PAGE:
Dallas Cowboys quarterback Dak Prescott and his brother Tad are responding to Fox Sports commentator Skip Bayless after comments he made in response to the two revealing their emotional struggle after the April sucide death of their brother, Jace.
In part because of that huge pay raise (he made $2 million in the past year of his rookie deal), Prescott is quick to say he knows many others were struggling with similar emotions in the pandemic. Reactions on social media swarmed in as many notable sports personalities defended Prescott and blasted Bayless. "Before I even lead, I have to make sure my mind is in the right place to do that and lead people to where they want to be".
"As I strongly stated [Thursday], I have great compassion for anyone suffering clinical depression, which is very real", Bayless said.
It started when the Prescott brothers appeared on In Depth with Graham Bensinger, to talk about the pain their family has felt and how their brother's death has affected them. Dak said that depression happened soon after the pandemic hit.... "I said yesterday, if Dak needed help for pandemic depression, he should have sought counseling then".
In the interview, Dak shared that his brother died by suicide in April, and that he had a hard time being their mother's primary caretaker as she battled colon cancer.
When asked by a reporter if he ever thought he should hide his feelings, Prescott told reporters Thursday that would be the actions of a "fake leader". Was able to have those conversations and then reach out further just to more people. "I think it's huge to get help - and it saves lives".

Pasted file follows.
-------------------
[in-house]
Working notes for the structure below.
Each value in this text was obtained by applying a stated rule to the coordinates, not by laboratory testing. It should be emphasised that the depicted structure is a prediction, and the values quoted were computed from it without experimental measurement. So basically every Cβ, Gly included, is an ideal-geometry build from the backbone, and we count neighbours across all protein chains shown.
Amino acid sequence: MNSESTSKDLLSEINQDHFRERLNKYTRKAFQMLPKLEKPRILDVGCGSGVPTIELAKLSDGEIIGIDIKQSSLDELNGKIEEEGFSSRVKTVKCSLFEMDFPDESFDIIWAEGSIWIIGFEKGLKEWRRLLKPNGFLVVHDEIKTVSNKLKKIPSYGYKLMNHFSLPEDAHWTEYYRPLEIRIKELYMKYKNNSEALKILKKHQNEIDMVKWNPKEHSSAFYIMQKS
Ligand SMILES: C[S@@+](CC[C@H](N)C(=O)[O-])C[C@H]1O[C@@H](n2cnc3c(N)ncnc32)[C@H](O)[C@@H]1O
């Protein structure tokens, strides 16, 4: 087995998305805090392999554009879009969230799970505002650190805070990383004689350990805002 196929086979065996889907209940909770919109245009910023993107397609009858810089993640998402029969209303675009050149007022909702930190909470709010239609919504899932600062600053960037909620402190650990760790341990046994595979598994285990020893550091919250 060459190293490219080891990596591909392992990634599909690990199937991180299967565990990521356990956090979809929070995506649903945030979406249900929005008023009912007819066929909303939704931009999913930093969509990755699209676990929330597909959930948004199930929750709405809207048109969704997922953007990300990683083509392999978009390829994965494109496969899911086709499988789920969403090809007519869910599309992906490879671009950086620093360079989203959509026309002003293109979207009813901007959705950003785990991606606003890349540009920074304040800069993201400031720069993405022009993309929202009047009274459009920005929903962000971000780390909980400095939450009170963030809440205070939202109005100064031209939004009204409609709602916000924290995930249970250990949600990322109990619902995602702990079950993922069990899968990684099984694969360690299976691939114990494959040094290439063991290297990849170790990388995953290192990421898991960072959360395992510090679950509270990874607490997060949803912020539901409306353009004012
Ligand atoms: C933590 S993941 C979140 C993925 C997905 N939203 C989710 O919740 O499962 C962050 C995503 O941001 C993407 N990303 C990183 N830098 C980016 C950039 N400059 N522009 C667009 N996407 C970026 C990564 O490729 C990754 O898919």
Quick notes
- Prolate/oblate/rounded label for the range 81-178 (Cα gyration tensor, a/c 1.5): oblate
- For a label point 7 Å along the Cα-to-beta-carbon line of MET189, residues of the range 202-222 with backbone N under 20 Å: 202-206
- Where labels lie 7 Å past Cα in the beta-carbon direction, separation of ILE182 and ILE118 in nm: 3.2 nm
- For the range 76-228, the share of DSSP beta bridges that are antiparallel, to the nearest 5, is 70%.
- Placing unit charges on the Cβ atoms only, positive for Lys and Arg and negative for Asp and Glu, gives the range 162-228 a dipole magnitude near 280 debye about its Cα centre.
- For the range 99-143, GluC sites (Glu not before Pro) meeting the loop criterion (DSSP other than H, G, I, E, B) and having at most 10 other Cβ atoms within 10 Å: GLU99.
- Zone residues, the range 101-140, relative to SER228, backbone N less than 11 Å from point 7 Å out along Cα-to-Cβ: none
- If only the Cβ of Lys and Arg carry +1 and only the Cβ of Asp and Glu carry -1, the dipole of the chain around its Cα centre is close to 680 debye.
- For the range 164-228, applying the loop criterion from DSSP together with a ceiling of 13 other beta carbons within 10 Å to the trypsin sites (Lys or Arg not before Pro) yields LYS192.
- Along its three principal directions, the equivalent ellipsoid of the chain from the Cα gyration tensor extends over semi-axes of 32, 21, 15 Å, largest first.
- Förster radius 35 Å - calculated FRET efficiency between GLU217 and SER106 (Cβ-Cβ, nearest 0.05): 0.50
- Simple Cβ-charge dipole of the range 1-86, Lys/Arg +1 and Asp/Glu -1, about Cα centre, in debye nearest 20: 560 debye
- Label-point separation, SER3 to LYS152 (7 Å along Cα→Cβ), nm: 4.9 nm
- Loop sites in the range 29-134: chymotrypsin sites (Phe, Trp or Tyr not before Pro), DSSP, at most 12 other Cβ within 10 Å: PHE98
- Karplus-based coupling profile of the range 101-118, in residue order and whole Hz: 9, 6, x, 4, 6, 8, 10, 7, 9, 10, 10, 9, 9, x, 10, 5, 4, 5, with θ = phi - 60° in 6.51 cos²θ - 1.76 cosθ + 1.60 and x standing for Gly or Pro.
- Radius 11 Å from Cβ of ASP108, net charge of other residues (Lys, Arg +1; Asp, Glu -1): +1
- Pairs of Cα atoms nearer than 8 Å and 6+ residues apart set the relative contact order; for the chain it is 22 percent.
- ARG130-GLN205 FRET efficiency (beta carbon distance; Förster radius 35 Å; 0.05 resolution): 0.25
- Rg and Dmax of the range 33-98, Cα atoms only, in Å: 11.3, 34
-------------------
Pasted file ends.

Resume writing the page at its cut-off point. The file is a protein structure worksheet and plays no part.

That wasn't good enough for Bayless, who said that Prescott should have kept his struggles private or shared with only a limited group of people because of his role as an National Football League starting quarterback. You know and I know, this sport that you play, it is dog eat dog. Bayless said on "Undisputed" on Thursday. "You are commanding an entire franchise ..."
Bayless said on his "Undisputed" show Thursday "I don't have sympathy for him going public with, "I got depressed" and 'I suffered depression early in COVID to the point that I couldn't even go work out.' Look, he's the quarterback of America's team"'.
With the Coronavirus pandemic messing up his mental state just like most of the world population, Prescott admitted how he had to seek help to address his depression and anxiety, which was made worse by the passing of his older brother, Jace. No matter the cause of the struggles, FOX Sports believes Dak showed tremendous courage which is evident in both his leadership on the Dallas Cowboys and in his character off the field.